Detroit’s Path to the Historic 2013 Bankruptcy
Background: The Perfect Storm
Cities collect revenue from tax sources such as those levied against properties or taken out of income as well as from fines and fees plus sales (of land and assets) among other areas. Cities spend money on direct services, as well as on fixed expenses that can be mostly invisible to their residents, meaning the amount to be spent is set and cant be changed by city officials. Those costs can be especially high and include for example, court settlements/legal expenses, debt payments, and pensions.
|Key Revenue||Key Expenses|
|Property Taxes-taxes from individuals’ homes and business properties. The amount collected is based upon the property value.||Pensions/Health Care-employees pay into a pension system for retirement and the city contributes as well then pays out of that system to retirees as they retire|
|State-shared revenue-the state allocates a portion of certain tax revenue, like sales tax, to cities||Infrastructure Debt-bonds and other borrowing used for city systems like water|
|Casino Taxes-Casinos pay taxes to operate in the city||City maintenance and services- buildings and properties; garbage; roads, etc.|
|What’s Bankruptcy? |
Bankruptcy is a last resort legal process that individuals, companies, and cities can go through when they are unable to pay their debts. Municipal bankruptcy, when cities file for bankruptcy, offers court protection when a city is in financial crisis so that basic government functions can continue while government officials work to create a plan to address the debt.
Numerous factors over many years brought Detroit to the point of bankruptcy. At its simplest, for years the city was not collecting enough money to cover what needed to be spent. The causes for this imbalance included a shrunken tax base due to urban flight (the rapid moving of people out of urban areas) along with the impact and required maintenance of the abandoned properties left behind. Aging housing created a dramatic plunge in assessed property values and therefore decreased property tax revenue. However, the service expenses of maintaining a huge, 139-square-mile city remained along with any existing fixed expenses. Still, city leaders had to make decisions about how to maintain population, as well as, grow population and investment to generate the revenue needed to cover its expenses.
City debt doubled between 1960 and 2012 but the majority of the increased debt was on improvements to the water and sewerage system and to restructure the city pension debt. Other borrowing was used to fill budget holes but absent new revenue that created a system of continued borrowing to then fill budget holes as well as make payments on debt from the borrowing: a vicious cycle.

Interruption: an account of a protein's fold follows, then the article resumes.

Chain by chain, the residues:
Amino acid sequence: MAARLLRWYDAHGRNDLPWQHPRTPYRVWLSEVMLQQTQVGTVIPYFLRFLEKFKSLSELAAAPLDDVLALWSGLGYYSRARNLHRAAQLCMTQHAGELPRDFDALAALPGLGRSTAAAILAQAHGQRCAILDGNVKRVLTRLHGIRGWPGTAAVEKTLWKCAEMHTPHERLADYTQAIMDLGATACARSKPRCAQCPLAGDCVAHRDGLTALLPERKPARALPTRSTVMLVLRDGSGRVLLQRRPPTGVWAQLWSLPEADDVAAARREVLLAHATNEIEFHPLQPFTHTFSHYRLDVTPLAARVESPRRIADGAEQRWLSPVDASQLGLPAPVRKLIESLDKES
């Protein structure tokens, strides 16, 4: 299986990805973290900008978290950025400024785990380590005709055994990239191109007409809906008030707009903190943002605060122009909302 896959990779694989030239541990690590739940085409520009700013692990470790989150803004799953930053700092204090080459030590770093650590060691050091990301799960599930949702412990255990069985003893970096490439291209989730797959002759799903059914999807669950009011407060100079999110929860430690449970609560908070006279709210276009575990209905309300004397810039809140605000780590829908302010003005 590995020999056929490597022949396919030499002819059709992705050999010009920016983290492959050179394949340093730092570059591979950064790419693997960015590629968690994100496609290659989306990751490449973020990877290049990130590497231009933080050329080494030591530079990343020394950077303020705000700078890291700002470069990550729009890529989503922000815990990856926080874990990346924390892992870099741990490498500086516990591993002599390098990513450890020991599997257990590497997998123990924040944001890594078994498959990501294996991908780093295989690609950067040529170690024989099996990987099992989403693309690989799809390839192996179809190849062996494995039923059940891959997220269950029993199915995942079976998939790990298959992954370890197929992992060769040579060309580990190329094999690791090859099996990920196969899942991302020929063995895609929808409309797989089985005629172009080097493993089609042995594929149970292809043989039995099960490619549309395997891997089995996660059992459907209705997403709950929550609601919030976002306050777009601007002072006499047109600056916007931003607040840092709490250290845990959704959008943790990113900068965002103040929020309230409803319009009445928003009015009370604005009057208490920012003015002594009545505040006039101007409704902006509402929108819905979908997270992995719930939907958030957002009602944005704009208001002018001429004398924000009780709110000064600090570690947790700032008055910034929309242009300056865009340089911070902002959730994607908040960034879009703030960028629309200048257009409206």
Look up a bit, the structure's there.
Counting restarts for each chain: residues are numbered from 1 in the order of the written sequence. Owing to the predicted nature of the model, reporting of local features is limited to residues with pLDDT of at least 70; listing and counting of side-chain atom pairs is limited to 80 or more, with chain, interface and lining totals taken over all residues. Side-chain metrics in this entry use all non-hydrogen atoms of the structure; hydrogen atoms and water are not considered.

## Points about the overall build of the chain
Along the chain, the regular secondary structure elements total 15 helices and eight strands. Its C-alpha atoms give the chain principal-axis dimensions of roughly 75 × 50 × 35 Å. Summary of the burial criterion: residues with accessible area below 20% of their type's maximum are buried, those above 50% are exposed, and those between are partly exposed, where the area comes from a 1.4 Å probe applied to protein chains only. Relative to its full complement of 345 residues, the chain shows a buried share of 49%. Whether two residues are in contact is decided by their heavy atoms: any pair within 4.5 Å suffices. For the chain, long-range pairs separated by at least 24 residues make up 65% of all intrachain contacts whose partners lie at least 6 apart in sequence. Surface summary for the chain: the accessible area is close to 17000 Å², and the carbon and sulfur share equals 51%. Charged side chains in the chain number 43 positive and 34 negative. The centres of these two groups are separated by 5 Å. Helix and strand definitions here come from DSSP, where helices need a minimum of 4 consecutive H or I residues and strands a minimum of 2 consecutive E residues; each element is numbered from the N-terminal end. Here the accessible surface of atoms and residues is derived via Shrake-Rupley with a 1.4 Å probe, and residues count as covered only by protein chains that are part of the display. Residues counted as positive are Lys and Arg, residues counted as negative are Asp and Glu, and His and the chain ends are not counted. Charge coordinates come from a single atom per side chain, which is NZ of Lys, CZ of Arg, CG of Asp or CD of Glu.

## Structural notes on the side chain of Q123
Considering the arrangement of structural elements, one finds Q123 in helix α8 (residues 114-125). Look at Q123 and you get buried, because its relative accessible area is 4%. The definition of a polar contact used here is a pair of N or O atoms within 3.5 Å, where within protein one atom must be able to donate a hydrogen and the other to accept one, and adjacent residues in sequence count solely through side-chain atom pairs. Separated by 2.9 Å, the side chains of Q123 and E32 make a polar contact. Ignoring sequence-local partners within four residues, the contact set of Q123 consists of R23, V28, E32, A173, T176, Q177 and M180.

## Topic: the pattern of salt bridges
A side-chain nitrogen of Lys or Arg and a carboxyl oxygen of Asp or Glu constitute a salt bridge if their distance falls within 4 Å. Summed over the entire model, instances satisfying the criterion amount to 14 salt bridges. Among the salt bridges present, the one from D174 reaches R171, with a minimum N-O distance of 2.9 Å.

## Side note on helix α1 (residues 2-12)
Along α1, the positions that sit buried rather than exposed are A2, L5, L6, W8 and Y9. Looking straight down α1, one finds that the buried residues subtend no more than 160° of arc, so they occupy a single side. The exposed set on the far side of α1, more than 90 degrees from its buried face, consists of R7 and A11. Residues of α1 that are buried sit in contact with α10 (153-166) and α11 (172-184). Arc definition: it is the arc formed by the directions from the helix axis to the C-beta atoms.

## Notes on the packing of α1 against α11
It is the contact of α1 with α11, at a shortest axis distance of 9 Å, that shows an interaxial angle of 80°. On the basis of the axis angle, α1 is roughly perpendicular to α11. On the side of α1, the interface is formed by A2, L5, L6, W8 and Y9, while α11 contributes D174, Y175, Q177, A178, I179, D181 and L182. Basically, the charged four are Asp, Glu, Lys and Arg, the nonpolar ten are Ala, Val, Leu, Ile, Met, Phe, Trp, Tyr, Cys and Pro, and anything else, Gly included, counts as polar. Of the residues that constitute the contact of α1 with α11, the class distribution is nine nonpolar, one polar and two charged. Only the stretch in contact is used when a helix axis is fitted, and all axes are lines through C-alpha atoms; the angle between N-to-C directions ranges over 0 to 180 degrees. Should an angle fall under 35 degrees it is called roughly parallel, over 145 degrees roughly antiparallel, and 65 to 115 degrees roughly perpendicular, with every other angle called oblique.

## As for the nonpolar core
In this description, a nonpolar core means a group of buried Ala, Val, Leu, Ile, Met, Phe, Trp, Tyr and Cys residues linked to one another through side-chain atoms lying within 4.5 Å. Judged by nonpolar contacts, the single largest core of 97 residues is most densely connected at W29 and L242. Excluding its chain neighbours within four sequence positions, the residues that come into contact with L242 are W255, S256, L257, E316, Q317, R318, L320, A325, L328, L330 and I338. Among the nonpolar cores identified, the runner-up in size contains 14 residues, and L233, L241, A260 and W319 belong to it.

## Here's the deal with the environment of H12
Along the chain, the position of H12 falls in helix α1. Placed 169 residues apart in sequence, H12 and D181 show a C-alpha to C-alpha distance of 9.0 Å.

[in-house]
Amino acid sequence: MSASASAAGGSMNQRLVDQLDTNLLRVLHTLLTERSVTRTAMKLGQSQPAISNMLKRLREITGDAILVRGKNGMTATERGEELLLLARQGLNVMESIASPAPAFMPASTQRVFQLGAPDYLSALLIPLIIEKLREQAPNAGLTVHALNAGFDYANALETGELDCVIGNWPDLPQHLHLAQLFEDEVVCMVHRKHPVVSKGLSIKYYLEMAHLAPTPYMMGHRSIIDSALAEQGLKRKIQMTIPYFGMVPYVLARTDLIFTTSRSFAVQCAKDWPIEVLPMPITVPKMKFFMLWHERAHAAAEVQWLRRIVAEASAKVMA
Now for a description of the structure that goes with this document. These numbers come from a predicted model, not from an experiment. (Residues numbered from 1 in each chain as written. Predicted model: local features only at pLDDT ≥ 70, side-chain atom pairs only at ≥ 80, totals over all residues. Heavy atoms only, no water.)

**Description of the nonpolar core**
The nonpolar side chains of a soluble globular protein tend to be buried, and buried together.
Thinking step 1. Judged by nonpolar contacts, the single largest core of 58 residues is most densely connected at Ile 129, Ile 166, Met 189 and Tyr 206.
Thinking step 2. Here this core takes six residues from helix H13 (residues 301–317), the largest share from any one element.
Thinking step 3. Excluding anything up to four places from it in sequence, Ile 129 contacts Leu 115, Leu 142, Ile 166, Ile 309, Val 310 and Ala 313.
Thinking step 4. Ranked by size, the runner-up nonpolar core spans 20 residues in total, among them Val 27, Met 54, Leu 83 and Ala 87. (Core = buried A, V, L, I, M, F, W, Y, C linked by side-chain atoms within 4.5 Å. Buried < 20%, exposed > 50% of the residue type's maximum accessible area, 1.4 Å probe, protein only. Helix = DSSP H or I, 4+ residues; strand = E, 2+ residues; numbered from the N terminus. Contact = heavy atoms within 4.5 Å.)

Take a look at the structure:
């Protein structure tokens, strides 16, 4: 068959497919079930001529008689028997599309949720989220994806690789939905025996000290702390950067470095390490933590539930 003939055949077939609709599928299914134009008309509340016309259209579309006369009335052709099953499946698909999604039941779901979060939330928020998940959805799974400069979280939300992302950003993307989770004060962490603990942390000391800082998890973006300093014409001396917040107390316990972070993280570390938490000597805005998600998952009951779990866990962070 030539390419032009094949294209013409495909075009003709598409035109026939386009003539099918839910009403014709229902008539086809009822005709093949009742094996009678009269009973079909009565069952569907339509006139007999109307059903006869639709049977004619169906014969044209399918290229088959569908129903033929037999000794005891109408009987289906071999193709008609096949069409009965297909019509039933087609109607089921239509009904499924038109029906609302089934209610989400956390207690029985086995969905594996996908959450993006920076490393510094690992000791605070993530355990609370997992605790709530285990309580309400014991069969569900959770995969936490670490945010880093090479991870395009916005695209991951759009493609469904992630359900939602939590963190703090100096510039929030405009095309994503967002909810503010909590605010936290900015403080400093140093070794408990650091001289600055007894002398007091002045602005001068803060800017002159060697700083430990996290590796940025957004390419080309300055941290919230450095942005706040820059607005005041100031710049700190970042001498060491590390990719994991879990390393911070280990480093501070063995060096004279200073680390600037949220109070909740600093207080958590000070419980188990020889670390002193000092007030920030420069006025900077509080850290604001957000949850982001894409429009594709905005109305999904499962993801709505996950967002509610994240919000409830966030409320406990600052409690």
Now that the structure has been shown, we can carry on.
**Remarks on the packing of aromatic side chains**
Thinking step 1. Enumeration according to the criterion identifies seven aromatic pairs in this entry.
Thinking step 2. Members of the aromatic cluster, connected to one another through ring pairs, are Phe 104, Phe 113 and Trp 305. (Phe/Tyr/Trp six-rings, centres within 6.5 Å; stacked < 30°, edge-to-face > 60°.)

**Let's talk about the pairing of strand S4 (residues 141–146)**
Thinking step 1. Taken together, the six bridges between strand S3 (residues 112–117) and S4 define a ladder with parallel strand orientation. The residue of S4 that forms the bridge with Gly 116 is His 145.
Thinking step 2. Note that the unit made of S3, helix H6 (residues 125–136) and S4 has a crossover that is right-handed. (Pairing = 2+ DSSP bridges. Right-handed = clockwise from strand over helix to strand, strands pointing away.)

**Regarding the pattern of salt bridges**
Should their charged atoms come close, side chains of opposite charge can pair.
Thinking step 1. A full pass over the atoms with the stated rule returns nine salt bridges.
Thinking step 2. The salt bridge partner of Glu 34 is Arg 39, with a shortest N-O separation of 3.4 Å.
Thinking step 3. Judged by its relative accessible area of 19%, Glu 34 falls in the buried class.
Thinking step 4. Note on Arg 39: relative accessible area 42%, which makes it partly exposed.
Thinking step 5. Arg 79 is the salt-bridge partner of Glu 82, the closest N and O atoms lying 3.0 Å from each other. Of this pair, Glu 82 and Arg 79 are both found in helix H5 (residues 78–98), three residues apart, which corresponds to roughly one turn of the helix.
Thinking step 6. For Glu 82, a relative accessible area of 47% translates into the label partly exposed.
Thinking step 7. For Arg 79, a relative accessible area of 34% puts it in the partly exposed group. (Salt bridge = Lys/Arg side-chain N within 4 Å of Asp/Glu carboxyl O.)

Detroit grew very quickly in the first half of the 20th century with the arrival of the automobile industry, and then shrank in recent decades at a similarly remarkable pace. In 1950, the city had 1.8 million people; in 2013, following a pattern of disinvestment and deindustrialization, it was home to 700,000 people as well as to tens of thousands of abandoned buildings, vacant lots and unlit streets. Mayors and councilpeople had to find ways to react to the fast changes while inheriting the challenges of previous administrations.
Collecting and Spending Over Time
- Mayors Jerome Cavanagh and Roman Gribbs maintained a large workforce 1960’s and early 1970’s as the population continued it’s drop from the 1950’s and property values began to drop
- Mayor Coleman Young cut spending by shrinking the workforce and city departments during his terms (1974-1994) and increased revenue with more taxes; Mayor Young grew city income to be greater than debt
- After 1991, the number of city pensioners outnumbered city employees eventually by 2 to 1 meaning city debts to retirees were extremely high
- Mayor Archer inherited the challenging pension system which included the use of surplus earnings directly to employees and pensioners as opposed to reinvesting in the pension system (and thus supporting the debt). He attempted to change the system but was blocked
- Mayor Archer, using grant dollars, added 1,100 employees (mostly police) in the 1990’s when the city was flush but still losing population.
- Lansing politicians reduced Detroit’s state-shared revenue by 48% from 1998 to 2012, withholding $172 million from the city, according to state records.
- Mayor Kilptrack creates a two tiered system to borrow money for employee pension debt; the system results in two sums of money owed, one for each system
- Locked into the cycle, Mayor Bing continued to borrow to cover operating expenses
Government Offices that Facilitate these Decisions
- The State of Michigan: city budgets are accountable to state elected officials and per state law, should not be approved if they are not balanced
- Mayor’s Office: Detroit’s mayors, working with the budget department and other staff, develop the recommended budget each year and negotiate city borrowing
- City Council: Mayoral budgets cannot move forward without council approval; council may also make amendments to the budget
After years of increased debt the city ran out of money to pay its debt and its operating expenses. Detroit filed for bankruptcy on July 18, 2013*, the largest municipal bankruptcy filing in American history in terms of debt. Governor Snyder’s office has said the debt was likely to be $18 billion and perhaps as much as $20 billion.
*Detroit exited bankruptcy in 2014 and its budgets were subject to the approval of a State Financial Review commission for as long as required to accomplish three consecutive years of balanced budgets. The city accomplished this in 2018.
- How do changing city administrations impact how the city collects and spends money?
- Why is population size important for a city budget?